Making online connections with rare condition Moebius Syndrome

Alex BarkerAbilityNet Disability Consultant Alex Barker has a very rare disability called Moebius Syndrome.

In this blog, released to mark Moebius Syndrome Awareness Day 2024, he explains how technology has enabled a community of people with the same condition to come together from all corners of the world.

What is Moebius Syndrome?

I celebrated my 50th birthday last year. 

Back in 1972 when I was born the world was a very different place. I was born with an extremely rare condition (researchers estimate that the condition affects 1 in 50,000) called Moebius Syndrome. This means that I'm unable to smile or to show any facial expression. If I knew how to play poker I'd have the best "poker face" ever. I don't have all my fingers or toes either. What I do have is a loving family and they have supported me throughout my life. 

Lack of accessible information

However, one of the difficulties that my family faced back in the 1970s was that information about Moebius Syndrome was hard to come by. The Moebius Syndrome Support Group in the UK consisted of people who had children with the condition writing to each other to share information, or by having a meet-up every so often.

If you wanted to research information you had to go to a specialist library and spend hours wading through content trying to find information, and then finding a photocopier to make a copy of that info.

Online support for rare conditions

Text reads: Moebius Syndrome Awareness Every DayThere are many stories of people who have Moebius feeling lost and alone because they couldn't find anyone to share their experiences with. When I started university in 1995 the internet was still fairly basic. I decided that I would set up a website hosted on Geocities for people living with Moebius in the UK... but this platform is sadly long gone! 

I wasn't the only one setting up an online space to discuss Moebius. Slowly but surely the community developed with lots of people all around the world starting their own websites, or "Home Pages" as they used to be called. I gradually started to reach out to people that had Moebius.

I even started to reach out to a woman in Florida with the same condition. We used to make each other "mix tapes". She used to spend her summers in California and I met up with her one year. I also met people from France, Sweden and Norway with the condition. The internet was becoming so useful for people like me to connect with other people in the same situation.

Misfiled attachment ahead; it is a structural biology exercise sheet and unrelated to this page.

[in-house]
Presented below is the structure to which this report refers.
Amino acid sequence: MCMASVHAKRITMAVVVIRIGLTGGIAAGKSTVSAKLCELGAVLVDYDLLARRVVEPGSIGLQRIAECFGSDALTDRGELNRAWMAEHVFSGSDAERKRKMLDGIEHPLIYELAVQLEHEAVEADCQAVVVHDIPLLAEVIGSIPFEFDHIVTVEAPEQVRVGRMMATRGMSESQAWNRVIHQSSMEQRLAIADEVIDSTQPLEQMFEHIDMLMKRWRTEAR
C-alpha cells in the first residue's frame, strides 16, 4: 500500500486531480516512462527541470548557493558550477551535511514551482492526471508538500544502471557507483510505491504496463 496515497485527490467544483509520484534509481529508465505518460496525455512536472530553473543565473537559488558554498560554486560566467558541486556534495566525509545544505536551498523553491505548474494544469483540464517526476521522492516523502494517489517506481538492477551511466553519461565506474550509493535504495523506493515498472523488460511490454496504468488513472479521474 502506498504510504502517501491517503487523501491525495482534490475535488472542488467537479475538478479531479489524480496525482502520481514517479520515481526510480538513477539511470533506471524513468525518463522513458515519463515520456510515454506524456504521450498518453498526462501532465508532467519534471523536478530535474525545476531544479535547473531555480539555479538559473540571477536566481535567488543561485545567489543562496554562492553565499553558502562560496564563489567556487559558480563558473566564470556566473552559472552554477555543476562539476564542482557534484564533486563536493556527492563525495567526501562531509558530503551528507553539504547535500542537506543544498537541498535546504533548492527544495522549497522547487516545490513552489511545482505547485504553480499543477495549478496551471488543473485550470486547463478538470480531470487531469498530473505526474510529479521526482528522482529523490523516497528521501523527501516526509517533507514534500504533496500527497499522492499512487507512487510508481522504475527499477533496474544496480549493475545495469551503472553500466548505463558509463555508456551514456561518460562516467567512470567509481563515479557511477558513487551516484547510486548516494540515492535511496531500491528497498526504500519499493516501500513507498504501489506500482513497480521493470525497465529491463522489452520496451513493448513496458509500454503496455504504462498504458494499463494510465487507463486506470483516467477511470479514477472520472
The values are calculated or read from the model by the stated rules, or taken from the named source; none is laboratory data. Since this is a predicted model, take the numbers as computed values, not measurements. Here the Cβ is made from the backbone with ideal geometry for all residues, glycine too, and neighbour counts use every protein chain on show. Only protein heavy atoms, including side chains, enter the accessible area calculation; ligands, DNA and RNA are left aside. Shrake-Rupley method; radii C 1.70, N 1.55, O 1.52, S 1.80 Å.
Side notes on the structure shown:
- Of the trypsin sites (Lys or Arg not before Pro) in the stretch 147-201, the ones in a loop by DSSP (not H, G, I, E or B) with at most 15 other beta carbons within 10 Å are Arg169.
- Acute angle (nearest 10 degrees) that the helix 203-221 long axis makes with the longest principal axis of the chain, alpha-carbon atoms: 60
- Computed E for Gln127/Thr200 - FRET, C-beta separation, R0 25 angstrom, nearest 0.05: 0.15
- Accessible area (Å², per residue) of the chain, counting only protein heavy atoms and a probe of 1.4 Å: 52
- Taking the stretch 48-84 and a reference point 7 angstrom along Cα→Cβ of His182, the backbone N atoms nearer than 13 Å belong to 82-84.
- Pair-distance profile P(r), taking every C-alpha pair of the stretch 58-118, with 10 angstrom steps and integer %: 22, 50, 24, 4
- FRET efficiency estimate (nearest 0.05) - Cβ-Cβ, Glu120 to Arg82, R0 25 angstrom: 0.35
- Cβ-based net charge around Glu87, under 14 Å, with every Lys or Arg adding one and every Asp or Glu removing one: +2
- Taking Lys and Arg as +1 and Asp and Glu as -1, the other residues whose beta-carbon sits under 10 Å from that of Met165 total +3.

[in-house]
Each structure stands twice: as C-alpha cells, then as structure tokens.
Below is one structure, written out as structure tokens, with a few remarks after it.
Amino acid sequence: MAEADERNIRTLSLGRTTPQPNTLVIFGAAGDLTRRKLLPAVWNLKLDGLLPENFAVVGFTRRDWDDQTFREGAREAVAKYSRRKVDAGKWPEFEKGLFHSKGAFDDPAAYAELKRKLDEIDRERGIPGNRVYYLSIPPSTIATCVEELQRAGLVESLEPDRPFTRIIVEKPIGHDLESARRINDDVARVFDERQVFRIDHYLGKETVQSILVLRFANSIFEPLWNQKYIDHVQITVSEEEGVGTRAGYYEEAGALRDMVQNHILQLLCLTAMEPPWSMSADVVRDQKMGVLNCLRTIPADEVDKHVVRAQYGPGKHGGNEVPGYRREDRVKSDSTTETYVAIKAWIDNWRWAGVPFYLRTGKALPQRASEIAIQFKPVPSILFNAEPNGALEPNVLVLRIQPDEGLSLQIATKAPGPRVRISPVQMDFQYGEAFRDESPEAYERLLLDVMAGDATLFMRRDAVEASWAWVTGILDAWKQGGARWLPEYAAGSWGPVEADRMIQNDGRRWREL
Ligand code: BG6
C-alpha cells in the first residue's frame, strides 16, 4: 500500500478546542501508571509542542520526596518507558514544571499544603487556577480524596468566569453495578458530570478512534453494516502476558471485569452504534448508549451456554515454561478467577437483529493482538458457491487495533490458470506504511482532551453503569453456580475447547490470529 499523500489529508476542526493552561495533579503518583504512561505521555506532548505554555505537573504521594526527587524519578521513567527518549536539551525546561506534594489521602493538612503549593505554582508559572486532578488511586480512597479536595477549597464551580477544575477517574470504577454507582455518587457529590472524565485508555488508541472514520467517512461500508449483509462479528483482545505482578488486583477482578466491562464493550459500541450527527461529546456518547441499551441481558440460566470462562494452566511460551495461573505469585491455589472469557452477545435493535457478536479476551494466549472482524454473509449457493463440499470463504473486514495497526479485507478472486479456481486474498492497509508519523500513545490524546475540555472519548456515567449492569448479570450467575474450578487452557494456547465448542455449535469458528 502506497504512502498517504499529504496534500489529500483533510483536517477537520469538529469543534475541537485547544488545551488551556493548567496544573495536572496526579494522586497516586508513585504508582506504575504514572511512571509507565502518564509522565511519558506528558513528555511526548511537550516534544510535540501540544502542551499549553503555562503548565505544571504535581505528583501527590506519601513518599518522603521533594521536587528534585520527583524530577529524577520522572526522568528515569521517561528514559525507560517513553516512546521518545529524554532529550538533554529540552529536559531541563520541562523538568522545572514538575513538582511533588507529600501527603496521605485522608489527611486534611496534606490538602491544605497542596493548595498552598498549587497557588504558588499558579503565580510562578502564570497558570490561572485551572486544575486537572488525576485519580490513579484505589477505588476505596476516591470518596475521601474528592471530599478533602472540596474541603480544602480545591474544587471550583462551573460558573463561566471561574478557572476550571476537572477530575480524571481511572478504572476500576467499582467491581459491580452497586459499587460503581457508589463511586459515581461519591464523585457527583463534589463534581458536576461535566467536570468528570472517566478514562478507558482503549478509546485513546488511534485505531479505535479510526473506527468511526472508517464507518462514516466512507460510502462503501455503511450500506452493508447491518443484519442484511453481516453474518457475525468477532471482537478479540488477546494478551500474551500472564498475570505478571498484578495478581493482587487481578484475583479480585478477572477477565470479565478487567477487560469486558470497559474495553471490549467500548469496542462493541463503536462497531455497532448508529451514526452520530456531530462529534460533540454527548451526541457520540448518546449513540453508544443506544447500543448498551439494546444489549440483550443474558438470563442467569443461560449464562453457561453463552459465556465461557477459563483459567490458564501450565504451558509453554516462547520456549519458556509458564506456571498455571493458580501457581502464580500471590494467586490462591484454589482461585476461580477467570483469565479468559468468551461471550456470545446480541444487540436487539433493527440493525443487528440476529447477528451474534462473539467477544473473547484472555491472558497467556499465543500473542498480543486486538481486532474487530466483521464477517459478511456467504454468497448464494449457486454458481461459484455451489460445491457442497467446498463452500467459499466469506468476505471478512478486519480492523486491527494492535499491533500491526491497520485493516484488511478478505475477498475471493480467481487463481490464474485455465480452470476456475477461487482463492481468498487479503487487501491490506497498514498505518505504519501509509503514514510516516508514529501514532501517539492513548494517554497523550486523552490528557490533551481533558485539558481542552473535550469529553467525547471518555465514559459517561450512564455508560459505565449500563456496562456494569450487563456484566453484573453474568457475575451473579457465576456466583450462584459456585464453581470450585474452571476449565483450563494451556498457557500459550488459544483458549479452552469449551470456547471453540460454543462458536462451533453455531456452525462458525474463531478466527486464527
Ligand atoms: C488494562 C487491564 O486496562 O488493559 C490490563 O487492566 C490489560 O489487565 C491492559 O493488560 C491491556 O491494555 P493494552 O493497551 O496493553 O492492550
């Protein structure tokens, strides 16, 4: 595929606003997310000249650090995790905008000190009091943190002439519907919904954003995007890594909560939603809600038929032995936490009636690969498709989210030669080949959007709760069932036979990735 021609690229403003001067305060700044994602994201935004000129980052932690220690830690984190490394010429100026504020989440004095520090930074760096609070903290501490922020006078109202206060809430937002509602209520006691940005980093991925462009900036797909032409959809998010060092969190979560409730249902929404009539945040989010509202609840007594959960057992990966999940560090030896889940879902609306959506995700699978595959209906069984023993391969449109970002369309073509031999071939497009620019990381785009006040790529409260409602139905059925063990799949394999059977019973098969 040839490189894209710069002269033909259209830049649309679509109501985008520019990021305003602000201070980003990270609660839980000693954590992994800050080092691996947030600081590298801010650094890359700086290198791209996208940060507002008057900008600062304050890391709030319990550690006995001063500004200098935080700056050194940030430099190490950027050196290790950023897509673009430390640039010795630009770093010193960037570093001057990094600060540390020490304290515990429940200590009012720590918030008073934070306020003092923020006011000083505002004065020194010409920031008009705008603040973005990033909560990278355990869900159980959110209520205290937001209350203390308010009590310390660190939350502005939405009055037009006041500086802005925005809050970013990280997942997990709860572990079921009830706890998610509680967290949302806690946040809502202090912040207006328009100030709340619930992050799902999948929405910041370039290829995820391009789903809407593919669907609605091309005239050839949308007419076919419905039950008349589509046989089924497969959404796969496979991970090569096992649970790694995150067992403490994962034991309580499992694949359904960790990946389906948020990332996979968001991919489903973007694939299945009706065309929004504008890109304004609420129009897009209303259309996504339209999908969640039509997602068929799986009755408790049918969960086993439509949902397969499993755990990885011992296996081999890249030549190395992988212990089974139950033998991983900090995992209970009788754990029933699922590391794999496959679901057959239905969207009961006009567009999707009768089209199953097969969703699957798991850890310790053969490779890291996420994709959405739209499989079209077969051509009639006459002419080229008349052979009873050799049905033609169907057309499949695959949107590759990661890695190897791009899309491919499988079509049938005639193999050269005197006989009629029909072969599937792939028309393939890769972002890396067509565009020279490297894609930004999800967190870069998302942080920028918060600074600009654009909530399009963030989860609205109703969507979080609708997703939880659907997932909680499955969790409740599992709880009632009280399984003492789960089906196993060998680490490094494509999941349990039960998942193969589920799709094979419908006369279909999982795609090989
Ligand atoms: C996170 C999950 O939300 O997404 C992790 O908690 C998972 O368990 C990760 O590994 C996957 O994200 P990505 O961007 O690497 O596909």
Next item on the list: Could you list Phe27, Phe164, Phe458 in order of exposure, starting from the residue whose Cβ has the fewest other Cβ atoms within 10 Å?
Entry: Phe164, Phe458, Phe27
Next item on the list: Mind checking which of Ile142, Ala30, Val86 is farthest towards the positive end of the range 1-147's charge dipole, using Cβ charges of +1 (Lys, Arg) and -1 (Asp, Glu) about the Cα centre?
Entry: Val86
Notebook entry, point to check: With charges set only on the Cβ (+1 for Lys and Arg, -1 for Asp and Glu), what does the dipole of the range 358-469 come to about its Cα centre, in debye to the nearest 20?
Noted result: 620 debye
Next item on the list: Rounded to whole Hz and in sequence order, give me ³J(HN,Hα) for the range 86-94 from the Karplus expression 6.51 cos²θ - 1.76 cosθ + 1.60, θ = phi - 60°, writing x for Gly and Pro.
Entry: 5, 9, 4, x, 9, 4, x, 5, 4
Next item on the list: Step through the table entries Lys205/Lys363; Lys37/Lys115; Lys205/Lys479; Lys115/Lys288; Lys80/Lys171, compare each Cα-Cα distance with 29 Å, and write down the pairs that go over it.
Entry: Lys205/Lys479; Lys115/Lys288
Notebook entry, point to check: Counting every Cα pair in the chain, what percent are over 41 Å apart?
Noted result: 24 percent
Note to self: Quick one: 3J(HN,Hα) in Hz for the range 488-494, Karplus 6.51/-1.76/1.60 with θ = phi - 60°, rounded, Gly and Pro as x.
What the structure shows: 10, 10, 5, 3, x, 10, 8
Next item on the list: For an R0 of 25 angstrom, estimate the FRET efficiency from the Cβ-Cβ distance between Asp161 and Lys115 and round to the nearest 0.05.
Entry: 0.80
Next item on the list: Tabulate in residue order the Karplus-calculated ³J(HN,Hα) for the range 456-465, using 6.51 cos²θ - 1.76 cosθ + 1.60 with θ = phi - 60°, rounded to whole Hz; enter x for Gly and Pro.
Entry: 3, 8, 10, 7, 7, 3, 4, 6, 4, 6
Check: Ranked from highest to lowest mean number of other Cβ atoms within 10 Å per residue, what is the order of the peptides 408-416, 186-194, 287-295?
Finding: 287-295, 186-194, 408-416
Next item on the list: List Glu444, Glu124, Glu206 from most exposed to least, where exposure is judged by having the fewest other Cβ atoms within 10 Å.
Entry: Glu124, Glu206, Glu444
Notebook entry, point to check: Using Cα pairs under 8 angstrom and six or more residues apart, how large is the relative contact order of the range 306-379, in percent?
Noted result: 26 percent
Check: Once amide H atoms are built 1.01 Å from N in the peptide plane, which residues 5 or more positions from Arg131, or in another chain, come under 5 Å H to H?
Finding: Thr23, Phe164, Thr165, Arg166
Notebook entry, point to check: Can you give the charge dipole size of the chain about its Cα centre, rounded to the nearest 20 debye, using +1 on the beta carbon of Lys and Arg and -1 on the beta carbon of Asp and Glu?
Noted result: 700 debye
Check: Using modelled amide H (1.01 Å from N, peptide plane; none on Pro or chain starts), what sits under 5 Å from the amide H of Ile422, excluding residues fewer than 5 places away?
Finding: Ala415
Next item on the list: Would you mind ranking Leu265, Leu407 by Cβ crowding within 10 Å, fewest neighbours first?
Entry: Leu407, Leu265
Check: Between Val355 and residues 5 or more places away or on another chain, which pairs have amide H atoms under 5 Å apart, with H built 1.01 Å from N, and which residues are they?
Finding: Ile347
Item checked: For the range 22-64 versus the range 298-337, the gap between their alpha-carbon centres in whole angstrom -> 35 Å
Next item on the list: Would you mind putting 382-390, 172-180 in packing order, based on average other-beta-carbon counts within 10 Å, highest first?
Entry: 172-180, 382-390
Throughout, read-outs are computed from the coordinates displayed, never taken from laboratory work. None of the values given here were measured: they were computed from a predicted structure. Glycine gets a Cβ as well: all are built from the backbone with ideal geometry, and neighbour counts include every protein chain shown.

Romance within the Moebius community

Two hands shaped together like a heart, with a sunset in the backgroundFast forward 15 years or so and I started chatting to another woman in the USA who had Moebius and what started off as friendship soon became much more. We got married in her family church in Lexington, North Carolina in November 2018. Our trans-Atlantic courtship got lots of coverage on the internet, and it culminated with the New York Times taking pictures at our wedding!

January 24th every year is Moebius Syndrome Awareness Day (MSAD) where people are encouraged to wear purple to raise awareness of the condition. Technology helps us to get our message out to all the corners of the world and to give people a better understanding of the condition.

Lived experience of disability is valuable in the workplace

What has my condition got to do with my work as a Disability Consultant at AbilityNet? Well, it means that I have lived experience of living with a disability. I've got a really good understanding of how difficult it can be sometimes to get my work done.

A good example is that my writing looks like a five-year-old's, but put me in front of a keyboard and I can really show my talents off. Another example is that I know what it is like to have Access to Work support. When I worked in an office I found public transport difficult to use, so Access to Work paid for a taxi to take me to and from work. Finally, I love giving presentations, and I love making atendees laugh. Quite ironic as I can't show facial expression!

I've also got a really good handle on how useful tech is for me to do my job well. I share this experience and provide information on how to you can help others in your workplace with physical disabilities in an AbilityNet training course: Don't Disable Me - Removing Physical barriers. I also run free disabilities sessions to educate community groups and charities about disability and technology.

Disabled people often have to remove physical barriers to enable them to live, study and work effectively. I’ve used technology to enable me to study at college and university and I love passing on my experience to other people so they can benefit from the same positive opportunities that I’ve had.

Further resources

Webinar playback: How technology can help people with Parkinson's

Ask Alex: Voice recognition technology

Factsheet: How to apply for an Access to Work grant